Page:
Easy recovery from a full VMware ESX datastore

This is the third article in a series on VMware vSphere thin-provisioned virtual disks.  Now that we’ve covered:

You may be nearly convinced to start using thin provisioning, but still wondering…

What happens if a datastore fills up?

When a datastore runs out of space, thin-provisioned virtual disks can no longer dynamically grow to accommodate additional storage demand.  When VMware ESX detects this condition, virtual machines in need of additional storage are instantly paused to prevent guest operating systems from failing. Conversely, VMs that that read and write to existing allocated storage blocks will continue running without issue — not all virtual machines will be paused just because a datastore is out of space.

If you ever find yourself in this situation, it’s not hard to fix.  Here is one simple approach, step-by-step:

  1. Free up some space by deleting or moving files — ISO images or powered-off VMs would be perfect
  2. Resume one of the paused VMs
  3. Use Storage VMotion to move the disks for that VM to another datastore
  4. Resume the remaining VMs

Watch the procedure in action:

Depending on the size and storage demand of each VM, additional migrations may be needed.  An alternative resolution would be to add additional space to the SAN LUN and grow the VMFS volume.

The Experiment

To simulate a sudden storage demand by the thin-provisioned VMs in the above video, I simply copied a large file from a network share to each Windows Server 2003 VM simultaneously.

For the curious, below is a PowerShell script for the task.  Run it from anywhere — it uses Sysinternals psexec to remotely initiate a file copy on each VM from a network share.

# VM naming convention combines this string with 2-digit number
$vmPrefix = "VM2003e-"

# UNC path to a large file that will be copied into each VM

# credentials to download above file from \\fileserver

# pass this function a list of numbers
function createVmList ($series) {
    $vmList = @()

    foreach ($id in $series) {
        $vmList +=  %{"$vmPrefix{0:00}" -f $id}

# make sure Sysinternals psexec is in your path
function psexecOnVm ($cmd, $vmList) {
    $vmList | % {Invoke-Expression "psexec.exe \\$_ -d -u $user -p $pass $cmd"}

psexecOnVM "cmd /c copy /Y $iso c:\" (createVMlist (31..39))

VMware ESX is Resilient

You may have been surprised at how easy it is to recover from a full datastore — without so much as a guest OS reboot.  It’s a testament to the rock-solid architecture behind VMware ESX and VMFS.  No other virtualization platform comes close.  Try for yourself.  See what happens if a group of thin-provisioned Hyper-V virtual machines suddenly run out of storage — it’s not going to be pretty.

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11 Responses to Easy recovery from a full VMware ESX datastore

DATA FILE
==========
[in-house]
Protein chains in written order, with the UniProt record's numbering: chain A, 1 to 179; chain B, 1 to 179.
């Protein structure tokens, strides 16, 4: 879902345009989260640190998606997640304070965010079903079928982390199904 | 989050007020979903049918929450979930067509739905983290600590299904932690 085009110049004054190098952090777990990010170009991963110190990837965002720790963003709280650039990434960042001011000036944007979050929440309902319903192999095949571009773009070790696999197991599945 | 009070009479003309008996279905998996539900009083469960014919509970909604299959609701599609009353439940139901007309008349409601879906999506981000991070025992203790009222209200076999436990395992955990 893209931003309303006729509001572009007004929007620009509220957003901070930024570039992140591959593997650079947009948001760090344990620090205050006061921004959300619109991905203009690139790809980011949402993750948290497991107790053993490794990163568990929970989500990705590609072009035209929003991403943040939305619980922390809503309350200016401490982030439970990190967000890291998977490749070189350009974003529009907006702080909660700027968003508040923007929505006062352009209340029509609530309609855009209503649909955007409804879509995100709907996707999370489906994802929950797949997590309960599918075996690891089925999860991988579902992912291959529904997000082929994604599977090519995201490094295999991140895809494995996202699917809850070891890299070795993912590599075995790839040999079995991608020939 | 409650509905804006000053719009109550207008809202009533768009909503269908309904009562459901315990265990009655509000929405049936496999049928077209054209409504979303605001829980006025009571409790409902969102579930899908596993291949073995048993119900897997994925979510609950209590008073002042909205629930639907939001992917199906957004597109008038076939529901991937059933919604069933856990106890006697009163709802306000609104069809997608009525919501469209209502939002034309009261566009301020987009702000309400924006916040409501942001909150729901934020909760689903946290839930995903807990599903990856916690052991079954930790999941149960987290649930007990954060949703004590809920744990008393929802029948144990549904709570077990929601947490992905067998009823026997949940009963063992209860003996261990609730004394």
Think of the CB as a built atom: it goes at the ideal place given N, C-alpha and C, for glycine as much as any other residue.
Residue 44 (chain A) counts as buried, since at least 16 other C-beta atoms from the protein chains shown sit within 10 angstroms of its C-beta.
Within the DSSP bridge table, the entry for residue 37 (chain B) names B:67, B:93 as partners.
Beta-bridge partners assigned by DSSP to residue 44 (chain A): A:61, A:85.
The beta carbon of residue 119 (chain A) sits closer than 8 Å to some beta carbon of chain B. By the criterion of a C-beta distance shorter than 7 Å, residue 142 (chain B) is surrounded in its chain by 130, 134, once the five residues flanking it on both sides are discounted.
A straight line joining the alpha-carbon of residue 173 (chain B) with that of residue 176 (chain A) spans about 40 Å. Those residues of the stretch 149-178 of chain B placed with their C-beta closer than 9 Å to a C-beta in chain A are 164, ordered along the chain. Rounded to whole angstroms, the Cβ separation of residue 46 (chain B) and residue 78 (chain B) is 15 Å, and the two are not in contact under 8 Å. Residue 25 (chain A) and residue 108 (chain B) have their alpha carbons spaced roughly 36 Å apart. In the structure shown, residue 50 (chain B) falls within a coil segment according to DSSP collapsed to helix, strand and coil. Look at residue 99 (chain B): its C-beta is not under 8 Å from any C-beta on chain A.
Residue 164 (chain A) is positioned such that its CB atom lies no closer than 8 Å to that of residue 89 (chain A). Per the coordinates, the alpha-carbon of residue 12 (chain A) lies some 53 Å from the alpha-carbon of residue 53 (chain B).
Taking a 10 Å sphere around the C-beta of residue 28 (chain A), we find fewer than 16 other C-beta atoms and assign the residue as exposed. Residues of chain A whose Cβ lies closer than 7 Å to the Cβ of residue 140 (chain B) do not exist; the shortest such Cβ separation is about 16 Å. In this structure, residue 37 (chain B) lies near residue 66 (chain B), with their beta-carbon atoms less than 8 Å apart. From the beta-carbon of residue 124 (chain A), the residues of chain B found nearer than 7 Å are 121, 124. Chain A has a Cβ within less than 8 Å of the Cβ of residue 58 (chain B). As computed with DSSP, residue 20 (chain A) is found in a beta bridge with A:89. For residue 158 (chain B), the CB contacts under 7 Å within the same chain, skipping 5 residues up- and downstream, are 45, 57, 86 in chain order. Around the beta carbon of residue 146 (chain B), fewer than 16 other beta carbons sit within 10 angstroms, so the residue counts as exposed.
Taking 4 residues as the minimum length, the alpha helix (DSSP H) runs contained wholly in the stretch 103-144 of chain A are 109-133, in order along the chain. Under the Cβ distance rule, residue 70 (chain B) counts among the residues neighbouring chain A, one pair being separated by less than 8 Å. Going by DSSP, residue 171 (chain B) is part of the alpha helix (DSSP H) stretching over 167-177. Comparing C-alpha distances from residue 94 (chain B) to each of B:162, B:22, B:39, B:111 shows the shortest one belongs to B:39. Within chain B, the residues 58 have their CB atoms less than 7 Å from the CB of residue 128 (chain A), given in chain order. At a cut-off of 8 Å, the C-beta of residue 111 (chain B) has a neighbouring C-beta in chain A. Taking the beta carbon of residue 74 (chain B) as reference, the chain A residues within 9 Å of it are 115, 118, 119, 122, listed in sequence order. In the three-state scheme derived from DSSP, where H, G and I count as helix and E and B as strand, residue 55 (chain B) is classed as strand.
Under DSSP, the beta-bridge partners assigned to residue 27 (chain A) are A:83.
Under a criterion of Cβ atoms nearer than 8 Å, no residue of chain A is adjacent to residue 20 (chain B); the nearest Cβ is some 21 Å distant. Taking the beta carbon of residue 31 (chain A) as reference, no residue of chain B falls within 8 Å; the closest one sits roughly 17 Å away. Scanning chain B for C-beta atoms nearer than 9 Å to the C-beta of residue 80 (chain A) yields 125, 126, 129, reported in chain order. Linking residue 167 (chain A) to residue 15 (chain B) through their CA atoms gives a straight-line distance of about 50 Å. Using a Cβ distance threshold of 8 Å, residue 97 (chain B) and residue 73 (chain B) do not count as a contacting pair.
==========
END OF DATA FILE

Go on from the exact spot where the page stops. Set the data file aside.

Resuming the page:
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  2. Jason Boche says:

    Another option for the back pocket: Find a VM that can be powered off. Chances are (and by default) it has no memory reservation configured. The net result is that when the VM is powered off, a VMkernel swap file equal to the size of assigned RAM can safely be removed when the VM is powered down.

    Alternatively, creating a reservation equal to assigned memory on the fly will zero out the swap file but the zeroing won’t actually happen until the next power operation of the VM.

  3. Ben Thomas says:

    Cool post! I would be interested to try that with some preventative alarms to automatically move off powered off VMs with powerCLI. Seems to make a case for an “emergency” empty LUN for situations like this.

  4. Eric Gray says:

    Jason, thanks for pointing out those additional recovery choices.

    Ben, interesting idea. If you come up with something let me know. Nice blog, by the way.

  5. Stu Fox says:

    By not pretty you mean worst case when the machines get paused just like on VMware?

    Of course you’d be monitoring the host volume with OpsMgr so it would proactively alert you anyway and you’d have planned for that. Hell, even perfmon would probably do that for you.

  6. Stu Fox says:

    You’ll get warned in the event log at 2GB free, and at 200MB free the VM’s will get paused on Hyper-V. That would be the worst case – that you ignored the warnings and didn’t take action. Of course with OpsMgr you would get warned earlier.

  7. Eric Gray says:

    That is good to know, thanks for the details. So all of the VMs on a LUN get paused at the same time whether or not they need additional storage — then it is a race against the 200MB clock. For the VMs that don’t make it… unpredictable results.

    Monitoring virtualization storage is crucial, which is why vSphere accounts not only for space currently used but for space allocated by thin provisioning — critical for managing risk. As far as I can tell, SCOM doesn’t address this aspect.

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  9. Amal says:

    I’ve not tried this in 4.1 but does ESX perform the same pause function if the datastore goes offline completely? If not, it should. A couple years ago I had a catastrophic loss of service with one of my iSCSI storage arrays. Recovery was simple, but the VM guests had all hard-crashed. It would be nice if those machines could have been put into instantaneous suspension (halt and suspend all CPU and storage calls) until the storage array was able to be brought back online.

  10. subit says:

    I deleted some servers. Still I could not see any improvement in free space in the data store. Can you say what can be any possible reason?

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